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From the Editor

Behavioural Insights, Spring 2020

Karen ChristensenAT ITS CORE, every organization is really in the same business: behaviour change. Businesses try to convince consumers to switch to their products, healthcare organizations try to get people to take their medications, and governments try to convince us to pay our taxes on time. The good news is, wherever human
behaviour is involved, there are opportunities for behavioural insights to overcome organizational challenges.

Traditional Economics assumes that people make decisions based on cold-headed logic. The ‘Econs’ it describes are great at processing data and value the future as much as the present. Behavioural Science paints a very different — and more realistic — picture: It shows that we humans are actually emotional and impulsive; that we are heavily influenced by others and by the context we find ourselves in; and that things like the status quo and loss aversion often guide our behaviour.

For organizations, understanding these dynamics can help to explain current customer behaviour — and influence future behaviour. In this issue of Rotman Management, we seek to expand your toolkit of behavioural insights and show how they can be harnessed to achieve your goals.

Do you ever feel like you’re being manipulated online? The UK’s Behavioural Insights Team is widely considered to be the global leader in the application of behavioural insights. On page 6, its Chief Executive David Halpern and Elisabeth Costa describe The Behavioural Science of Online Manipulation.

Do you wish you were better at making your good intentions a reality — and encouraging your customers to do the same? On page 32, behavioural science experts Angela Duckworth (University of Pennsylvania), Katherine Milkman (Wharton) and David Laibson (Harvard) share some powerful approaches that can help, in Beyond Willpower: Cognitive Strategies for Self-Control. Are you passionate about your work? If so, there are repercussions — for you and for the people around you. Rotman Professor Stéphane Côté explains in The Paradox of Passion on page 50.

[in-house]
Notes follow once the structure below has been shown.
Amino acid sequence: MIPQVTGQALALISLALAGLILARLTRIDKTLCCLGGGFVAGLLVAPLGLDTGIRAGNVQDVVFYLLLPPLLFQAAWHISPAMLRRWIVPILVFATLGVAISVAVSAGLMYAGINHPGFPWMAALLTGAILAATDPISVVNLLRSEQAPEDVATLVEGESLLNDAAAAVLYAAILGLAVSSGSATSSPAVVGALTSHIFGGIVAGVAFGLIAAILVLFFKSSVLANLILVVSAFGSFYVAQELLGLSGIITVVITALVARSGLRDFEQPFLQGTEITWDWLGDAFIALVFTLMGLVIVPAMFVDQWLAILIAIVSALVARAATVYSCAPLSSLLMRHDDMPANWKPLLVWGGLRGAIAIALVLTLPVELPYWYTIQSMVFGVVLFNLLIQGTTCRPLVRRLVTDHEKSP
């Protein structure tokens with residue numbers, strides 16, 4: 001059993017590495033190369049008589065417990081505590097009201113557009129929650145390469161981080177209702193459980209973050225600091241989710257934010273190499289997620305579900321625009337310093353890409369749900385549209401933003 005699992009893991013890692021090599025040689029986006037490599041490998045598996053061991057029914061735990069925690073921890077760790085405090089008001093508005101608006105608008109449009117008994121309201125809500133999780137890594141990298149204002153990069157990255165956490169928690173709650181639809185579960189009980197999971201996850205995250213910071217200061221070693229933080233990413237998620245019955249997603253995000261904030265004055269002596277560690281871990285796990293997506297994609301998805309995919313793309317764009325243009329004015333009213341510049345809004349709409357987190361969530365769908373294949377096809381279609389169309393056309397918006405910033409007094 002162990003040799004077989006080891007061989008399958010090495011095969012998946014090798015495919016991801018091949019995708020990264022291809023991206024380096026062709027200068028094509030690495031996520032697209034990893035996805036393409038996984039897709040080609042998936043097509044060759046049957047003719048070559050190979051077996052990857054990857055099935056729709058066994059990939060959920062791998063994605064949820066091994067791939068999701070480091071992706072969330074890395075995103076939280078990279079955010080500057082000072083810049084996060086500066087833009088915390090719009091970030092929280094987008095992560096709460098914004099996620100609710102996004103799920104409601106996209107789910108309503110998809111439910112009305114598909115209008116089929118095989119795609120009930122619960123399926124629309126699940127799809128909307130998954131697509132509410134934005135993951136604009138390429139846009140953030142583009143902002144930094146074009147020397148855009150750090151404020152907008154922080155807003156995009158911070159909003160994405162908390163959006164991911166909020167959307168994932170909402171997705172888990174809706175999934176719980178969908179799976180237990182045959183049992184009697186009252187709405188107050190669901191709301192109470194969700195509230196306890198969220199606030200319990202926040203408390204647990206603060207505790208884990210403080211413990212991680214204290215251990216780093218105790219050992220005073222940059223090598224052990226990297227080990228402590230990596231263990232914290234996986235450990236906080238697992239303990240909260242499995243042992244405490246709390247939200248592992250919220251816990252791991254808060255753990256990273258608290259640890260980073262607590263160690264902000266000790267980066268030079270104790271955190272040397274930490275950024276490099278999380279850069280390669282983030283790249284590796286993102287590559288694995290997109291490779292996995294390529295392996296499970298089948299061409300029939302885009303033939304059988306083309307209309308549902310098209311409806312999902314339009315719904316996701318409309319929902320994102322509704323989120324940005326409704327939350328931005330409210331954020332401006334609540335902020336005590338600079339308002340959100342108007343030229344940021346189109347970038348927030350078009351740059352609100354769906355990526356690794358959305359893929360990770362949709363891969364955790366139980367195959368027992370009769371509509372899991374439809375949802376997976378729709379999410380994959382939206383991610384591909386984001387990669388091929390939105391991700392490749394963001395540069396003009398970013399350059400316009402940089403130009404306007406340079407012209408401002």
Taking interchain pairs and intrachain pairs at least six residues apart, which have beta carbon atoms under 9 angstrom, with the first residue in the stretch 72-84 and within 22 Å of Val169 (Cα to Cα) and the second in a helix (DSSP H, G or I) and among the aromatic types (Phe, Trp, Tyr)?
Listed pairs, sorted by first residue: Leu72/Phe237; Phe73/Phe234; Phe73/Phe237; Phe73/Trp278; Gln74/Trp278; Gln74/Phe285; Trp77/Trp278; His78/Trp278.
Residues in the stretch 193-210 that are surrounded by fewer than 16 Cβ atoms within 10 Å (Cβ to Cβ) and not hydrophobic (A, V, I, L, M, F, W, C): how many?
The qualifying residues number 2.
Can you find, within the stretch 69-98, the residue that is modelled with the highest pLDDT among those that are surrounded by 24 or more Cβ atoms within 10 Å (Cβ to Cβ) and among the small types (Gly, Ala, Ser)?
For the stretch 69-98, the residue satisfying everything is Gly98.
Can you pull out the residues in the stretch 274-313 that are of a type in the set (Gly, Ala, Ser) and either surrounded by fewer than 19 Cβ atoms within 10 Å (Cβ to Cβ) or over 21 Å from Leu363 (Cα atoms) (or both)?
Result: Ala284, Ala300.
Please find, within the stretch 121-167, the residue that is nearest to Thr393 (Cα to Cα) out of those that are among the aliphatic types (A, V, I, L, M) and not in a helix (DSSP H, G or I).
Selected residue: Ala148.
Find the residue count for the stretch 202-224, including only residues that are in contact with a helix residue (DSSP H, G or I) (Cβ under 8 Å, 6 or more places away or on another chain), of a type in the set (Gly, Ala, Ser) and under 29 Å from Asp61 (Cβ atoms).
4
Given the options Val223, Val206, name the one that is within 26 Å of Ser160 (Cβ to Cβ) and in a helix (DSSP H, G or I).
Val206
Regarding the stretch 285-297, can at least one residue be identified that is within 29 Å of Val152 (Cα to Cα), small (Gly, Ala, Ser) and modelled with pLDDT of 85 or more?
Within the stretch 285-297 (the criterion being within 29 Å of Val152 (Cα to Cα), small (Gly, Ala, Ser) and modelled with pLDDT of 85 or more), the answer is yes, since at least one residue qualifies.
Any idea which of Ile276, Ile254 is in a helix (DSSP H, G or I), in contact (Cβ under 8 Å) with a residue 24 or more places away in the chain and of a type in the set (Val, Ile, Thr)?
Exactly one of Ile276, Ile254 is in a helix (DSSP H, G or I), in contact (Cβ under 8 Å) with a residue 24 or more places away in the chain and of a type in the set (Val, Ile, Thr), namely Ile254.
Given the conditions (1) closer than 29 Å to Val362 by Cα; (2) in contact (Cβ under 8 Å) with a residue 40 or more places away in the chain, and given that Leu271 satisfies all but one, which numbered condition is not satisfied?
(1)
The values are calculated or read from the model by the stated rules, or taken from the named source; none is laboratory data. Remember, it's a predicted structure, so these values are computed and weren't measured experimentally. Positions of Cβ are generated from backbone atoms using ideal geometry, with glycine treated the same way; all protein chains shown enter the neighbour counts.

Elsewhere in this issue, we feature the founder of the Behavioural Economics in Action Research Centre at Rotman (BEAR), Professor Dilip Soman, in our Thought Leader Interview on page 12; Rotman Dean Tiff Macklem describes the dawning era of sustainable finance on page 26; and psychologists Amanda Tobe and Tatijana Busic share proven strategies for conquering public speaking anxiety on page 44. In our Idea Exchange, bestselling author Nir Eyal explains how to become ‘indistractable’ on page 90; former Twitter executive Bruce Daisley talks about the relentless cycle of ‘eat, sleep, work, repeat’ on page 97; Harvard’s Ashley Whillans provides a simple recipe for happiness on page 104; and Rotman faculty members Kristen Duke, Nouman Ashraf and Bing Han share their latest research and ideas.

By now, most leaders recognize that both social and psychological factors affect nearly every decision people make — and that therefore, these factors affect organizations and the economy as a whole. It follows that a more complete understanding of human behaviour provides a powerful tool for strategy and policy design. We hope this issue expands your own understanding of why people behave the way they do and helps you shape your organization — and our world — for the better. 


Karen Christensen
Editor-in-Chief

editor@rotman.utoronto.ca


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